June 18th, 2024

Statistics show people who consider themselves Christian in Lethbridge a minority

By Lethbridge Herald on November 10, 2022.


I read with great interest the latest 2021 Census data which presented data on, amongst other things, the state of religion in Canada, Alberta, and even good ole Lethbridge. The results were fascinating and, I believe, should serve to break a myth that has persisted about Lethbridge for far too long. The myth: Lethbridge is an incredibly religious place. 

In the 2001 census, Lethbridge was clearly a Christian town. Something on the order of 71 per cent of respondents declared a Christian affiliation. At that time, members of the LDS community numbered about one in every 10 Lethbridge residents. The percentage of people with no religious affiliation was 22 per cent. This is about what we would expect for the city. It shows that at one time, Lethbridge was a very Christian city. 

The 2011 census started to paint a very different picture of religion in Lethbridge. Back then, the percentage of respondents in Lethbridge saying they were Christian had fallen to the low 60s. The LDS population had fallen to about one in 13 residents. But the biggest surprise was that the percentage of people with no religious affiliation came out to about 34 per cent. The percentage of people in Lethbridge with no religious affiliation was higher than the national and provincial averages. In 2011, a reasonable case was starting to form that Lethbridge had long left its Christian dominated roots behind, and that in fact, Lethbridge was actually more secular than the provincial and national trend. Yet the myth of religious Lethbridge continued to persist.

As I was filling out the 2021 census, I made a prediction: I guessed that the number of Christians in Lethbridge would be around 55 per cent and the percentage of non-religious people hover in around 35-40 per cent. When I saw the data last week, my mouth hit the ground. In 2021, 48-49 per cent of Lethbridge residents identified as Christian. Christianity is now a minority religion in Lethbridge.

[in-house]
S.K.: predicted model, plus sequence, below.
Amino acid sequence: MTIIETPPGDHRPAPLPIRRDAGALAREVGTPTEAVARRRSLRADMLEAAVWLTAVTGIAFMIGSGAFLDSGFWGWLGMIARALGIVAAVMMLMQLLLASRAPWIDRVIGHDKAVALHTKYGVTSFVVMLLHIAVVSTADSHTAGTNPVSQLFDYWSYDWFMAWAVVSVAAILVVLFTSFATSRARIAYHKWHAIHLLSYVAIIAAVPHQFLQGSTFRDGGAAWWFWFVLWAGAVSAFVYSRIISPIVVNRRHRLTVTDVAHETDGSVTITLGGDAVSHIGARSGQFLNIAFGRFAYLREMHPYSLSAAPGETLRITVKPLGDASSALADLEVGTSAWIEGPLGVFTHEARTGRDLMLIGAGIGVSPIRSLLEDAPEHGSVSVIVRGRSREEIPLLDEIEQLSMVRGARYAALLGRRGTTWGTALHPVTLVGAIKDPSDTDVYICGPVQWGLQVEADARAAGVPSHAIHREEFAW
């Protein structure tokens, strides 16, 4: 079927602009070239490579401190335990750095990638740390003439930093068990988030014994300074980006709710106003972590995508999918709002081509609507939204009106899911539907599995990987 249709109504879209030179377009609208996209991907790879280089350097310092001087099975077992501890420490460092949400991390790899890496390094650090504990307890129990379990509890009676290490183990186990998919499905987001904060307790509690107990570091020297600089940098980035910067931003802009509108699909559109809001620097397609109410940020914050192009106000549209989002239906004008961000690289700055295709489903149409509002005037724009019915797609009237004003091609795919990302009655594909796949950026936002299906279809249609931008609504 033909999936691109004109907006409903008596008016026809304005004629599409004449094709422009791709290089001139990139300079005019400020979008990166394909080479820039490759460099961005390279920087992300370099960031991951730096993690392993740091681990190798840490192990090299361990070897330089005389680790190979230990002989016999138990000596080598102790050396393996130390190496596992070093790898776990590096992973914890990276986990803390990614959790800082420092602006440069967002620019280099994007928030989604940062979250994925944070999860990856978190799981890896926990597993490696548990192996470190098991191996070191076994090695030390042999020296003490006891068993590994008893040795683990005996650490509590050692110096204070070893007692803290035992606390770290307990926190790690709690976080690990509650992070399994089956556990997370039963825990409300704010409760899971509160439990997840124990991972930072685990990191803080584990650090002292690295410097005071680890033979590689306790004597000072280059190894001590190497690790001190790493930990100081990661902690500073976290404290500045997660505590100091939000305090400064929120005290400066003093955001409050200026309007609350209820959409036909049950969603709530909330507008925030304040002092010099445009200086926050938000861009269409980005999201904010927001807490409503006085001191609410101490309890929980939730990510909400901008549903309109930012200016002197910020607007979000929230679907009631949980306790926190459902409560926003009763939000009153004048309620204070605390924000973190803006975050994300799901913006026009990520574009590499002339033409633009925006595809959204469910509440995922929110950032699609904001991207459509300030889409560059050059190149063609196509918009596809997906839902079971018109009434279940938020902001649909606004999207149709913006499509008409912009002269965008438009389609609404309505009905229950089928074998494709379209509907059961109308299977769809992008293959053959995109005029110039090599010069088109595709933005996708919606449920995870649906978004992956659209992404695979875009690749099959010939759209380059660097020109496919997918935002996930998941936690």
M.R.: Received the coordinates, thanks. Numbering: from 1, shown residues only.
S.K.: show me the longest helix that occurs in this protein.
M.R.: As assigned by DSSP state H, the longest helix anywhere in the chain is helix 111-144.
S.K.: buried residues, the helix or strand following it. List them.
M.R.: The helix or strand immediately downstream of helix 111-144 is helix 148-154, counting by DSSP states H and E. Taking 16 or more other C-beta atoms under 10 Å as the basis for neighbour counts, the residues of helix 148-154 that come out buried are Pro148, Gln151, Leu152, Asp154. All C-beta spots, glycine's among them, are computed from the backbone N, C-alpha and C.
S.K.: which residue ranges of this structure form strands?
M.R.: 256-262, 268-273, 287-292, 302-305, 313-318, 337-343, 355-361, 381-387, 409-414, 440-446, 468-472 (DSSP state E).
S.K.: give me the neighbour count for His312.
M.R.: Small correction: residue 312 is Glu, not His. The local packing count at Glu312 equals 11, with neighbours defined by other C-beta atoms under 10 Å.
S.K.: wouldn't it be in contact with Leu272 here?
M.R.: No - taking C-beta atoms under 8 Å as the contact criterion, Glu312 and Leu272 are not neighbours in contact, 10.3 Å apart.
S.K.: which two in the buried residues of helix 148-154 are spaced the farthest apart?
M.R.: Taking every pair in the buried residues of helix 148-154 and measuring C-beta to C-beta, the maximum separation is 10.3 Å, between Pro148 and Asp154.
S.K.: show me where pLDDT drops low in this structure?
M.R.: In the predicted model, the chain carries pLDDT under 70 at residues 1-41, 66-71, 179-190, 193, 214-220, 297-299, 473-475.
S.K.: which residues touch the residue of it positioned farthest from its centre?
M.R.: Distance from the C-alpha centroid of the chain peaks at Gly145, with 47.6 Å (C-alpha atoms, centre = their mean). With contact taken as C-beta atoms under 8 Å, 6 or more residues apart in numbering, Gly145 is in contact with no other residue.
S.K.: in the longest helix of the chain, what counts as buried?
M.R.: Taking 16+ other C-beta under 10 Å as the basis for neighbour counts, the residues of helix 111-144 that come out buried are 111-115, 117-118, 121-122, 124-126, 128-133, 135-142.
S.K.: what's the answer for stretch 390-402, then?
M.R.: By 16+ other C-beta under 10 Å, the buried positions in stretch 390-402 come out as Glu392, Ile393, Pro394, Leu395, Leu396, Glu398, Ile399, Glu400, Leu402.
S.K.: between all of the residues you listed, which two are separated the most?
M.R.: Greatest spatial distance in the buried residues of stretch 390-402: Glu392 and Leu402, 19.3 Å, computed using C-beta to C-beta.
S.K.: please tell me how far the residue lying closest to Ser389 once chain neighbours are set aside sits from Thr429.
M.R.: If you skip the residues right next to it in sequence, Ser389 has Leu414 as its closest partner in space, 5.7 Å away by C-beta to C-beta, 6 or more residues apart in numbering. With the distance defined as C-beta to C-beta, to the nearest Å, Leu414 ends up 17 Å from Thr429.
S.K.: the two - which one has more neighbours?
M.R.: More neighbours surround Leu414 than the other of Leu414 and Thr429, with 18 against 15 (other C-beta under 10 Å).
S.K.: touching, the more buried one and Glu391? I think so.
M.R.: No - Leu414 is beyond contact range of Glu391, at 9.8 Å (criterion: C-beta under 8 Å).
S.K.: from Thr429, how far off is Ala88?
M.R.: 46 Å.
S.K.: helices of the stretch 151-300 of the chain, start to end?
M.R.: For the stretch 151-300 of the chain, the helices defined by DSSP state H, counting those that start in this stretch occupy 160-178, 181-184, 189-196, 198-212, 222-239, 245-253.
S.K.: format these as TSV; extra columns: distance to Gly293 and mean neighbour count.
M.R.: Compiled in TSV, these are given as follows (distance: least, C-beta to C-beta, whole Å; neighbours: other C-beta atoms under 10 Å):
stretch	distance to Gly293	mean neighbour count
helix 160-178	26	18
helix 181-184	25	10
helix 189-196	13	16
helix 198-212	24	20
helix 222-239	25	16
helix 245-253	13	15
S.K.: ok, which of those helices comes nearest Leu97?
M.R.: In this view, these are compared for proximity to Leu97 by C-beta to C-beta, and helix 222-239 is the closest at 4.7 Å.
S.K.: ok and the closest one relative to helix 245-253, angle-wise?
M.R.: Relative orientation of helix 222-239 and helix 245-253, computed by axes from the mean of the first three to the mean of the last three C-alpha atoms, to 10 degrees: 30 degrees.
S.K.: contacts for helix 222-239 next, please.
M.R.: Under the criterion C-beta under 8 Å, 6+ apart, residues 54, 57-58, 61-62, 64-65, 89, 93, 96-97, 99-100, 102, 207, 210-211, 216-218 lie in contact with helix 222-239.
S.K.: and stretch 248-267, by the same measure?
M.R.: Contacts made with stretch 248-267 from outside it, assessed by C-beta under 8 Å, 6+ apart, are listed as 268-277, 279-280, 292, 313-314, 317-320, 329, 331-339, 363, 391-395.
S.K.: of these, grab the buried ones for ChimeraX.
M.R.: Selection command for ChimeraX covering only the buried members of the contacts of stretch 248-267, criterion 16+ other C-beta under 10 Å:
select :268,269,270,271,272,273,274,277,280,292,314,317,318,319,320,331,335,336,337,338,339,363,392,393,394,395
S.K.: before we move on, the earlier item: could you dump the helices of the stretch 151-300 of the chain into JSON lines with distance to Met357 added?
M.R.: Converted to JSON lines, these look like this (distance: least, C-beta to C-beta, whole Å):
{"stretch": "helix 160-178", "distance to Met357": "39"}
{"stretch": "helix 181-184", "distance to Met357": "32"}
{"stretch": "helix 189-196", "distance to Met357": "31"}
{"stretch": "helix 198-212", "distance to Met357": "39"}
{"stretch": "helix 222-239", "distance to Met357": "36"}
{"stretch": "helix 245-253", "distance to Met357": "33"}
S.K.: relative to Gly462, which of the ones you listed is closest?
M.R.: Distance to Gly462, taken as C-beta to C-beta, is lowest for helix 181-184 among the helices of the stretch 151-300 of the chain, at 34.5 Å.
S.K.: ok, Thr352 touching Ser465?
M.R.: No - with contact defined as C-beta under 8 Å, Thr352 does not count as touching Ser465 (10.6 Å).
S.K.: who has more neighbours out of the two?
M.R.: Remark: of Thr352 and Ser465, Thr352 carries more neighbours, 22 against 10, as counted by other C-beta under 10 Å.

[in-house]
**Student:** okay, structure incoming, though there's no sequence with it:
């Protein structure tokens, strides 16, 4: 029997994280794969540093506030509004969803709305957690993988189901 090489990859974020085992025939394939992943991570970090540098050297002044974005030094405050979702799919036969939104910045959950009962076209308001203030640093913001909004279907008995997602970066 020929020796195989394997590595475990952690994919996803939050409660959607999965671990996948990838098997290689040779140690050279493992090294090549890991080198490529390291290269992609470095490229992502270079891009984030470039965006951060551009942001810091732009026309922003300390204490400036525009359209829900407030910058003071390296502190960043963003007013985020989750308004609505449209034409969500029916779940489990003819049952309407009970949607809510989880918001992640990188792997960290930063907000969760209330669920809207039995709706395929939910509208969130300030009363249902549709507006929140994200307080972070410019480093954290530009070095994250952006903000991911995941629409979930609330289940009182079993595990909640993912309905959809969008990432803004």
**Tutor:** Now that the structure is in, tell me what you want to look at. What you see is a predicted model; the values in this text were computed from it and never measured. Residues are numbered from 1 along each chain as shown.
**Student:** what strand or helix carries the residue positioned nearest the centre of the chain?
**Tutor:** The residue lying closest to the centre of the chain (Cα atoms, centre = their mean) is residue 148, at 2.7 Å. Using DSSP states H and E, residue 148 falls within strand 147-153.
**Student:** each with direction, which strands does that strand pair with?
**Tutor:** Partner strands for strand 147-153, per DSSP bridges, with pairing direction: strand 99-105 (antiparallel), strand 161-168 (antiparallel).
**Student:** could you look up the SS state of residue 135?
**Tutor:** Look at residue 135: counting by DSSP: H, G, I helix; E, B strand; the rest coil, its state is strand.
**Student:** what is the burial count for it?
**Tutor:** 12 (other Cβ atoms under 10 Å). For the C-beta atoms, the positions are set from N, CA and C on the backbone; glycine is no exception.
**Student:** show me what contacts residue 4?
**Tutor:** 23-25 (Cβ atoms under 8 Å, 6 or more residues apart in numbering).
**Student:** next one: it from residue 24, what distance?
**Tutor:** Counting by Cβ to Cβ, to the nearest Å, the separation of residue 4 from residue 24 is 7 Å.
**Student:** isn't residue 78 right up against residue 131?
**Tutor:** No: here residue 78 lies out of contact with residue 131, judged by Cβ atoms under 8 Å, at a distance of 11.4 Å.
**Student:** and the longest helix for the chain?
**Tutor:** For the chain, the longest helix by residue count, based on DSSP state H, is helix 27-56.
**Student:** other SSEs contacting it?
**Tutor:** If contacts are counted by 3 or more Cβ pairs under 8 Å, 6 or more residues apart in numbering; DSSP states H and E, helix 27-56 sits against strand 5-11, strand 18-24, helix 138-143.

The percentage of non-religious residents is 44 per cent. The number of LDS residents in Lethbridge has fallen to one in 20. Friends, this just in: Lethbridge’s largest religious affiliation 10 years from now is going to be far and away no religious affiliation. The myth of religious Lethbridge is dead – Lethbridge is no longer a religious prairie town. We need to stop pretending that it is, and we need to finally kill the myth that ardent religious followers control the city’s agenda.

Aaron Von Rothstein


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This has to be a great thing for our little city. It tells me that people are leaning less on Religion as a crutch in life as time goes by. Now if we can get to 0% Religious by the end of the century that would be really something to celebrate!

Southern Albertan

And yet, there is still, the aspect of the religious right wing prosperity doctrine intertwined in UCP politics in Alberta, and federal right wing politics, as aptly described in an article in ‘albertaviews.’ And, not to forget, there is the issue of some folks believing they are ‘christians’ but by their actions/beliefs, are not walking their christian talk with God.


And let’s not forget that the many in the religious right view the world through the Calvinist lens of the Doctrine of Depravity.

Southern Albertan

That may be for some, but, I was raised in a right wing religious calvinist family, and what took priority, for sure, was the prosperity doctrine. In fact, we used to joke that what should be on the wall behind the pulpit in our right wing calvinist church should be a dollar sign instead of a cross.


I love religion I was raised Catholic, its the organized part that gives me pause. Organized religion is a business, at least it acts that way. You take a look at what the catholic church has done in the past few decades and you cant come up with a different hypothesis. Add to that the recent 5th estate episode on the LDS it becomes even clearer.

Take a look at the churchs in this city and think of the lost property tax to the city. Do they not receive city services? They receive their tax free status based on the common good they provide. Using that argument shouldn’t other places also qualify? Health clinics, Gyms, grocery stores among others province for my common good.